Meet Africa's ‘Nollywood’ (Nigeria) The second
largest movie industry in the world
In 1992, in Nigeria, electronics salesman Kenneth Nnebue shot a
straight-to-video movie in one month, on a budget of just $12,000.
Living in Bondage sold more than a million copies, mostly by street
vendors, and Nollywood – Nigeria’s movie industry – was born.

By 2009, Nollywood had surpassed Hollywood as the world’s
second largest movie industry by volume, right behind India’s
Bollywood. And in 2014, the Nigerian government released data
for the first time showing Nollywood is a $3.3 billion sector, with
1844 movies produced in 2013 alone. Earlier this year, Nollywood
Producer Kunle Afolyan reached an exclusive Netflix distribution
arrangement for his latest film, October 1. This adds to the 10
Nollywood related titles already on Netflix and the U.S. media
company’s recent $12 million movie rights purchase of Nigerian
novel Beasts of No Nation, to star Idris Elba.
And many observers believe that the global reach of African films could take off, led by video on demand
(VOD) platforms and productions of Nigeria — the continent’s largest economy and most populous nation.

“Nollywood’s popularity across Africa and the diaspora certainly demonstrates the capacity of the films to
travel,” said Nigerian film producer and financier Yewande Sadiku.

African digital content startups and the entry of subscription-based video on demand are trying to change
this equation. With financial backing of $25 million from firms such as New York’s Tiger Global and
Sweden’s , iROKO Partners licenses and streams Nollywood content to global subscribers, who pay $1.50
a month. “The focus is to take this popular movie industry, digitize it, and put the right framework around it
to capture the proper value,” founder Jason Njoku said of Nollywood and iROKO’s platform.
“The revenue is already there, it’s just scattered. If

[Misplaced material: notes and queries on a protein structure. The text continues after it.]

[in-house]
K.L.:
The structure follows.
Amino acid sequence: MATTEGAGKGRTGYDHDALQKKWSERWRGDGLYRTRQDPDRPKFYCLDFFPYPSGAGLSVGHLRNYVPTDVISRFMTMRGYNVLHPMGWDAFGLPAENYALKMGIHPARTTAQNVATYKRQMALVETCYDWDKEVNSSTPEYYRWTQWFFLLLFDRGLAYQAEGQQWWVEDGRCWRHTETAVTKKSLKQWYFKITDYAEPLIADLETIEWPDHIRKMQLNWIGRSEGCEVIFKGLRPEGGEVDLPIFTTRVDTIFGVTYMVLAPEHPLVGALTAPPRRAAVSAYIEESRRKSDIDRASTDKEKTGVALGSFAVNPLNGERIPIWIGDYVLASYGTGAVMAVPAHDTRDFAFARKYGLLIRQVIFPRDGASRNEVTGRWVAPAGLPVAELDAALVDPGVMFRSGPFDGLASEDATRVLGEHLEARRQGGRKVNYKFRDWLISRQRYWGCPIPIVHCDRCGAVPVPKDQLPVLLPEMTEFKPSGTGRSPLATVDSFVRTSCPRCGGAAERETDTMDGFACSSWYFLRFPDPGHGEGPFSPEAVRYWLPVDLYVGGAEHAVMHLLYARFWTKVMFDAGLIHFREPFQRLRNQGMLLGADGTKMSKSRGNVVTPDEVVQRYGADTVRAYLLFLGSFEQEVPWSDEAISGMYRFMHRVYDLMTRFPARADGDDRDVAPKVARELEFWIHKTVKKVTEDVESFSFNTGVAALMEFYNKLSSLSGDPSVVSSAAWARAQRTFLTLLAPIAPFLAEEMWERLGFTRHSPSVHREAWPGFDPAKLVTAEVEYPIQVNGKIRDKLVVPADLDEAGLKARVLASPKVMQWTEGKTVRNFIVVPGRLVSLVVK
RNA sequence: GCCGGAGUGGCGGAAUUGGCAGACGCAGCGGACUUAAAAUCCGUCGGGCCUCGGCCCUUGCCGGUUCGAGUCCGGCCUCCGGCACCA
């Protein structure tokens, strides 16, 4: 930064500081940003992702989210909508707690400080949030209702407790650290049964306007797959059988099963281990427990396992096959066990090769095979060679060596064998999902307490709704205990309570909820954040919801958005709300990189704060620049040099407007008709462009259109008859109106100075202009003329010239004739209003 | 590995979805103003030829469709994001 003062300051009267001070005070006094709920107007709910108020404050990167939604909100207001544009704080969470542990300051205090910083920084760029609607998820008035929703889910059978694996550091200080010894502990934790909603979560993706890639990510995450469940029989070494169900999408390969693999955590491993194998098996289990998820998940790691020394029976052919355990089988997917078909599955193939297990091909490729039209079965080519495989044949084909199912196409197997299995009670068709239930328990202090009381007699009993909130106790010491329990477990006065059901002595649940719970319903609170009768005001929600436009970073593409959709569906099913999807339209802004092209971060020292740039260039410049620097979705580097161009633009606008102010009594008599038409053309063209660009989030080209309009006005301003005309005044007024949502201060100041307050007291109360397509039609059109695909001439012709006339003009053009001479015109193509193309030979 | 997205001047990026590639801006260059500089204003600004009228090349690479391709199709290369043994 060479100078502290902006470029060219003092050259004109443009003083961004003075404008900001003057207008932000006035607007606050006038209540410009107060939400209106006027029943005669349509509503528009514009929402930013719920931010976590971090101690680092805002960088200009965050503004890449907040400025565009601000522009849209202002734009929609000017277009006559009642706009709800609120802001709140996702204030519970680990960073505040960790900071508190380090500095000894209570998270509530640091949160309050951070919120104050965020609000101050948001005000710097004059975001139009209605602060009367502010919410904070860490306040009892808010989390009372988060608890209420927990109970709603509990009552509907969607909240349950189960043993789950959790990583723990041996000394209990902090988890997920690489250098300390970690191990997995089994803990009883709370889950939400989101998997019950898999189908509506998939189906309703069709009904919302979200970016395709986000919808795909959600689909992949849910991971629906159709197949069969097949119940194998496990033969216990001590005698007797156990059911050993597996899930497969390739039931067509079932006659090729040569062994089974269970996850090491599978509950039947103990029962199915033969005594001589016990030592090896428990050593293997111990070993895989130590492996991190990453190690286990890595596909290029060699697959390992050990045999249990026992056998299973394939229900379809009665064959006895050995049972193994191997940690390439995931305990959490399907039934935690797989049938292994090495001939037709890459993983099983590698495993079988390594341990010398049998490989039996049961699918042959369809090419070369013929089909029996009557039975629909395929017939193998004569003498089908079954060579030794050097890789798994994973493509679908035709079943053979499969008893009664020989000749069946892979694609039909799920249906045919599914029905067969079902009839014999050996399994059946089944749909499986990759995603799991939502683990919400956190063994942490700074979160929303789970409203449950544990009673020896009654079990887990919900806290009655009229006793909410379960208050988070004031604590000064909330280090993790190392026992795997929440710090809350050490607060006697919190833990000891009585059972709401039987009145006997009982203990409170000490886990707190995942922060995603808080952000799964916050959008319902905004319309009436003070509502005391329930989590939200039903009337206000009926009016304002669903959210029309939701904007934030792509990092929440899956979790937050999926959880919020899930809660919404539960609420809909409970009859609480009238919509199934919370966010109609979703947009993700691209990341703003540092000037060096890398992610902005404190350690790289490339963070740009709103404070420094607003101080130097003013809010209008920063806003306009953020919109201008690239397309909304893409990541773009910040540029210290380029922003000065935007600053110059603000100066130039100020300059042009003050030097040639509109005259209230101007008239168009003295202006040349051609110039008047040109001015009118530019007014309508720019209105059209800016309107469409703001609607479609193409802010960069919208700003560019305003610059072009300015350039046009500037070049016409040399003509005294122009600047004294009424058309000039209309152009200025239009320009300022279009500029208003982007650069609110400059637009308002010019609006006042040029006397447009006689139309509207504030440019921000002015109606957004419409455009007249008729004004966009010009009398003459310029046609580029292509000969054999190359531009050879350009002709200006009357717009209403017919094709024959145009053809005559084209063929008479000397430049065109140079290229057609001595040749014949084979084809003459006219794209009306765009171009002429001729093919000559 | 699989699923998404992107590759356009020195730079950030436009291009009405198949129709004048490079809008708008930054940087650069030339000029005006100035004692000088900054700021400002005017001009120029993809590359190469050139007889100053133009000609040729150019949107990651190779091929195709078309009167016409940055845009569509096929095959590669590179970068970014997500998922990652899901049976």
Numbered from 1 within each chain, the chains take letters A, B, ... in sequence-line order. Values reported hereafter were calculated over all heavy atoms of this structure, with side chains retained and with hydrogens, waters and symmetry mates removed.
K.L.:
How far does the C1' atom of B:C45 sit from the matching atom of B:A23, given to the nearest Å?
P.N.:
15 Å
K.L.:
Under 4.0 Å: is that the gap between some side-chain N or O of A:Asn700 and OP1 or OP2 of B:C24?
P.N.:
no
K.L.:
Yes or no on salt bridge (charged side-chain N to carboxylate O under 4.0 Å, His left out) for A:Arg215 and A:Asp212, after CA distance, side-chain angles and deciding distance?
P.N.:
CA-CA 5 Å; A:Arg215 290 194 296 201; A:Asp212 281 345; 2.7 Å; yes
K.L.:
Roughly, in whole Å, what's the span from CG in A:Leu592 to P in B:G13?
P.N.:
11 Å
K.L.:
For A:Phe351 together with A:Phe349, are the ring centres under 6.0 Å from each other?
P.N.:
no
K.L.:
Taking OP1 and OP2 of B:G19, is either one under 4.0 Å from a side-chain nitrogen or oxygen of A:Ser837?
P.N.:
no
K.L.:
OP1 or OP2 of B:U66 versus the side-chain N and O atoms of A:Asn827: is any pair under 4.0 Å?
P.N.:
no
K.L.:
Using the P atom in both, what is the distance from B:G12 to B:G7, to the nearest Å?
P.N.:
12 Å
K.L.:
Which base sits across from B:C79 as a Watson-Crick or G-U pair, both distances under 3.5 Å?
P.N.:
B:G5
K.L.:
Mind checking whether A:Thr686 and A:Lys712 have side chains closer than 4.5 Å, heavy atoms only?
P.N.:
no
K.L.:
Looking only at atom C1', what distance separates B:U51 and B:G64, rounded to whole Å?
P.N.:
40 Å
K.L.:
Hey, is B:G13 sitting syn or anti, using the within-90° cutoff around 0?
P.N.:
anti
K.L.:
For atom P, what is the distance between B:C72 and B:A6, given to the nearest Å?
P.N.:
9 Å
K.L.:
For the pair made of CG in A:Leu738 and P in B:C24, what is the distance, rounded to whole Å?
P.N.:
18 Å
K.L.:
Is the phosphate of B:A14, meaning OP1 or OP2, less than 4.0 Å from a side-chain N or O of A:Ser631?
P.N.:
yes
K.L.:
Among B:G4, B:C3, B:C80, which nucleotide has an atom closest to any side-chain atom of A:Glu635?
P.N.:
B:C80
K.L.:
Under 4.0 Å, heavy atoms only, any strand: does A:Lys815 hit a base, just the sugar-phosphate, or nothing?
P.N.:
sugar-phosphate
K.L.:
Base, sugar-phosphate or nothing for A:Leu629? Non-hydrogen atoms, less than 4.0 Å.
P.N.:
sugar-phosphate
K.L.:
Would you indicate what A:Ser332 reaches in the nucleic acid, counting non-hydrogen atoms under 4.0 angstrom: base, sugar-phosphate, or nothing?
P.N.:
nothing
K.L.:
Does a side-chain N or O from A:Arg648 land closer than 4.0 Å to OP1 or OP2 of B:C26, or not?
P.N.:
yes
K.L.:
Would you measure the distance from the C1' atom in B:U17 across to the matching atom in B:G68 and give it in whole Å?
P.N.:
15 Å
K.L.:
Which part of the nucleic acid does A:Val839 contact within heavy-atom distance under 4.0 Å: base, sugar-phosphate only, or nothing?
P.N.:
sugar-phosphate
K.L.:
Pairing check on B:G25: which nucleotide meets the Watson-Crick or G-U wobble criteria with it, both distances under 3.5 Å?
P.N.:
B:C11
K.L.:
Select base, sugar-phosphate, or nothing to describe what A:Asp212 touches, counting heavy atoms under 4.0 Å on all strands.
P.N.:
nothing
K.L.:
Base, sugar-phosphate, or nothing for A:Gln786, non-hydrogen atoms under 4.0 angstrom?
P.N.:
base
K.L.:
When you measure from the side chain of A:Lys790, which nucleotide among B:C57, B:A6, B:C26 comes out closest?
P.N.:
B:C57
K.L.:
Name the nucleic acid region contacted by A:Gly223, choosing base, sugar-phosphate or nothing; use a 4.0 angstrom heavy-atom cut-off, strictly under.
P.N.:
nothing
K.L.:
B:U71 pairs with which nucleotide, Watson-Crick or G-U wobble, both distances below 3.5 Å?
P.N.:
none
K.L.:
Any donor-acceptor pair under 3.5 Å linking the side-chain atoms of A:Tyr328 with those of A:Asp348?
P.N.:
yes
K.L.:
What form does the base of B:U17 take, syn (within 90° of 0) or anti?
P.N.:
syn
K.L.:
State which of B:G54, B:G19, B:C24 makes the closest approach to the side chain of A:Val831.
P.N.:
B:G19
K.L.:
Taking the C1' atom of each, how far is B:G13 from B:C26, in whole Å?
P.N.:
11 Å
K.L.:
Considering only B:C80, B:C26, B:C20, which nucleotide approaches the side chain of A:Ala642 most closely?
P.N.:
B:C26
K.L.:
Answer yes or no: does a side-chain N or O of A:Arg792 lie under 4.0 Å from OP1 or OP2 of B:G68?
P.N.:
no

stakeholders can invest in Nollywood and make back
profits, it will lead to larger budgets and better quality
content.”

Competition in African digital entertainment is heating
up. In 2014, Africa Magic, a Naspers owned South
African satellite TV channel, announced its $8 a month
Africa Magic Go VOD package. Then there’s Kenyan
startup Buni.tv’s new Buni+, a $5 a month streaming
movie service. Each has a heavy focus on consumers of
Nigerian content. Meanwhile, YouTube is also becoming
a competitor. Taking a cue from U.S. disruptors like
Netflix, Africa’s digital film platforms are already creating
proprietary programming. iROKOTV is now directing its
own productions through its ROK Studios. So too is
Nairobi based Buni.tv, which launched Ogas at The Top,
a Nigerian version of its popular political satire XYZ
Show. In April Nigerian media outlet TechCabal reported
a distribution partnership between IROKOTV and Netflix.
Nigerian Movie
Reliable Internet–a baseline for streaming VOD–is still a problem in African countries, however. IROKO
has set its developers to creating smaller Nollywood movie files and more direct download options.
Another Nigerian startup, SOLO, is bridging the device and broadband gap by offering entry level
smartphones (around $75) and its View App that allows customers to buy and rent digital content at
download hotspots throughout the country.
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